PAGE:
By Federico Borello and Christina Asquith

U.S. President Barack Obama’s apology for the horrific U.S. airstrikes in Kunduz, Afghanistan was an important and necessary response to the global outrage sparked after the U.S. military bombed a Medecins Sans Frontieres hospital October 3, killing 22 Afghans including doctors and nurses.

Whatever really happened in Kunduz, a city in Northern Afghanistan, the deaths are tragic, and they come on the heels of 15 years of U.S.-led wars in Iraq and Afghanistan in which thousands of civilians have been accidentally killed in lawful military operations.

However despite the justifiable anger, many would be surprised to learn that in the last decade, the U.S. military has put in place the world’s most advanced system to prevent, account for and make amends for civilian casualties that includes recognition, apologies and often monetary payments.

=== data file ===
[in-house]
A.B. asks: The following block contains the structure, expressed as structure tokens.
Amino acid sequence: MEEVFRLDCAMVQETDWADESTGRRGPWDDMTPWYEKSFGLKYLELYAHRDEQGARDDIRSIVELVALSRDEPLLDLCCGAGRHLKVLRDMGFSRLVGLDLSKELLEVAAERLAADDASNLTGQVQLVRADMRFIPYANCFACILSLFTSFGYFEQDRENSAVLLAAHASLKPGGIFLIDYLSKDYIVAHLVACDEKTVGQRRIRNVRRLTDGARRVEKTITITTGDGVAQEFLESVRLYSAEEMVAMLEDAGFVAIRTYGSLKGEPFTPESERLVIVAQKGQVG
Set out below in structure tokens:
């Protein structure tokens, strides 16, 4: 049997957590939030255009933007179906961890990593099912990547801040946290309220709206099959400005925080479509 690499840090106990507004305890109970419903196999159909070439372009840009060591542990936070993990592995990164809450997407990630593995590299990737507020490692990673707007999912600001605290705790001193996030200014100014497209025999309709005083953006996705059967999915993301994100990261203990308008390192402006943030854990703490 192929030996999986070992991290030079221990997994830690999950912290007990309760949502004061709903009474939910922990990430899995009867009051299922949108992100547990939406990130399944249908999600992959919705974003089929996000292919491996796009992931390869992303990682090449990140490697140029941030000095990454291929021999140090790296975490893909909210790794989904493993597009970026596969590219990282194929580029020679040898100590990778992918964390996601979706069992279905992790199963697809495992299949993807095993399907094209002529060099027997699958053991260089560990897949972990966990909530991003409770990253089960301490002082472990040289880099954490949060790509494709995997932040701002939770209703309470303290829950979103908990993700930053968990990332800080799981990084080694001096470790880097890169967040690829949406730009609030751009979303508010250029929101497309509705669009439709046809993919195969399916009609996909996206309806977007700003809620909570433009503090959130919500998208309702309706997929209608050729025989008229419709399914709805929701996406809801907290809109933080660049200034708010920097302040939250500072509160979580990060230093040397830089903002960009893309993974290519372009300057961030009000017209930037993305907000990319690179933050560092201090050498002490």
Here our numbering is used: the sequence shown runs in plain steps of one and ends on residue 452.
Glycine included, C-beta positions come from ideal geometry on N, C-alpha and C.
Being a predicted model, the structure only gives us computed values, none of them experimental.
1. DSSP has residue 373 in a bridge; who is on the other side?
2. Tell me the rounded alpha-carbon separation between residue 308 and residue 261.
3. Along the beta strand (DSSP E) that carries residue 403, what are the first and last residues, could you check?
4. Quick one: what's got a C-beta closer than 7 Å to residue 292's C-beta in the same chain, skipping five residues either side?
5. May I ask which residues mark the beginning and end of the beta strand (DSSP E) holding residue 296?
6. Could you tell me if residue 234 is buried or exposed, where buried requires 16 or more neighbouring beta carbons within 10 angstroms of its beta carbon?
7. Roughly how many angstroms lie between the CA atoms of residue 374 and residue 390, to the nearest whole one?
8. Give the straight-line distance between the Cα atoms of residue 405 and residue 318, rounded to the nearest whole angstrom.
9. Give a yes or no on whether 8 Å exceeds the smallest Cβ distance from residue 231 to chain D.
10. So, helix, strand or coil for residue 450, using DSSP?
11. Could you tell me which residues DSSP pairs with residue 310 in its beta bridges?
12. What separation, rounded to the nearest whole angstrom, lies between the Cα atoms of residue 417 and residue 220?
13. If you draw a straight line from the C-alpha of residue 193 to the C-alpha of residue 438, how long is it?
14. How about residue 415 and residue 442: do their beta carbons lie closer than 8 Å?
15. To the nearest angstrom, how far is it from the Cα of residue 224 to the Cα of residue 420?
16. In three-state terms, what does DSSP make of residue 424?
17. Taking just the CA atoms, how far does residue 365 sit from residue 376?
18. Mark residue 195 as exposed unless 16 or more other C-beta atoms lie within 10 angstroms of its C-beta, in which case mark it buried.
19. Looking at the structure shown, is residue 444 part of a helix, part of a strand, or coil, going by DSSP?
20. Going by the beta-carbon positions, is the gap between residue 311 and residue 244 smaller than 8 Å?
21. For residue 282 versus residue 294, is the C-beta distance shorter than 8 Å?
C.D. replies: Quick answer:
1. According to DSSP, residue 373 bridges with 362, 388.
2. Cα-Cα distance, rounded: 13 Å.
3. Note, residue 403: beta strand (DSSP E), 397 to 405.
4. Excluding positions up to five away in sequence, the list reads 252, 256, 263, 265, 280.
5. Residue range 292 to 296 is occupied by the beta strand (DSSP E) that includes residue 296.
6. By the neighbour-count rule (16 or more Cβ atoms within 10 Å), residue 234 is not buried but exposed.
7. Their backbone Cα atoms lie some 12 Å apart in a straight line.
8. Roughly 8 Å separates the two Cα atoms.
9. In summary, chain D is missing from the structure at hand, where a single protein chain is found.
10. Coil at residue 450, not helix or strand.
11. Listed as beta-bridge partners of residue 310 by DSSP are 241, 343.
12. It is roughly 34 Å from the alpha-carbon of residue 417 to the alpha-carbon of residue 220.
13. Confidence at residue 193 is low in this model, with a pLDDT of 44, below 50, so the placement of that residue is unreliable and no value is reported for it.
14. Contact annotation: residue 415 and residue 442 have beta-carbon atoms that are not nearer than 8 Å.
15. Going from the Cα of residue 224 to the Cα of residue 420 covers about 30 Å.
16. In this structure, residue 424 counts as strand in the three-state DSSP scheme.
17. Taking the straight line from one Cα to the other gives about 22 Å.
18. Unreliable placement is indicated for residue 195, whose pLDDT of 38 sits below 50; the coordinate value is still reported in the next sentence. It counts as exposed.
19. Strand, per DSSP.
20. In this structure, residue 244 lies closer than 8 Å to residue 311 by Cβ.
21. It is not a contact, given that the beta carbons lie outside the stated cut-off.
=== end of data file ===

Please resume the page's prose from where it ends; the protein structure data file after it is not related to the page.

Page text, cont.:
While there have been big steps forward, more still needs to be done, as Kunduz tragically shows. The U.S. military can use this horrific incident to continue to improve its methods for avoiding and responding to civilian casualties. But that’s not all- we must call for other countries to do the same…

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Federico Borello is Executive Director of Center for Civilians in Conflict

Christina Asquith is a foreign correspondent who has reported from Iraq and Afghanistan, is also the founder of The Fuller Project for International Reporting, a news bureau dedicated to covering how foreign policy affects women globally. 

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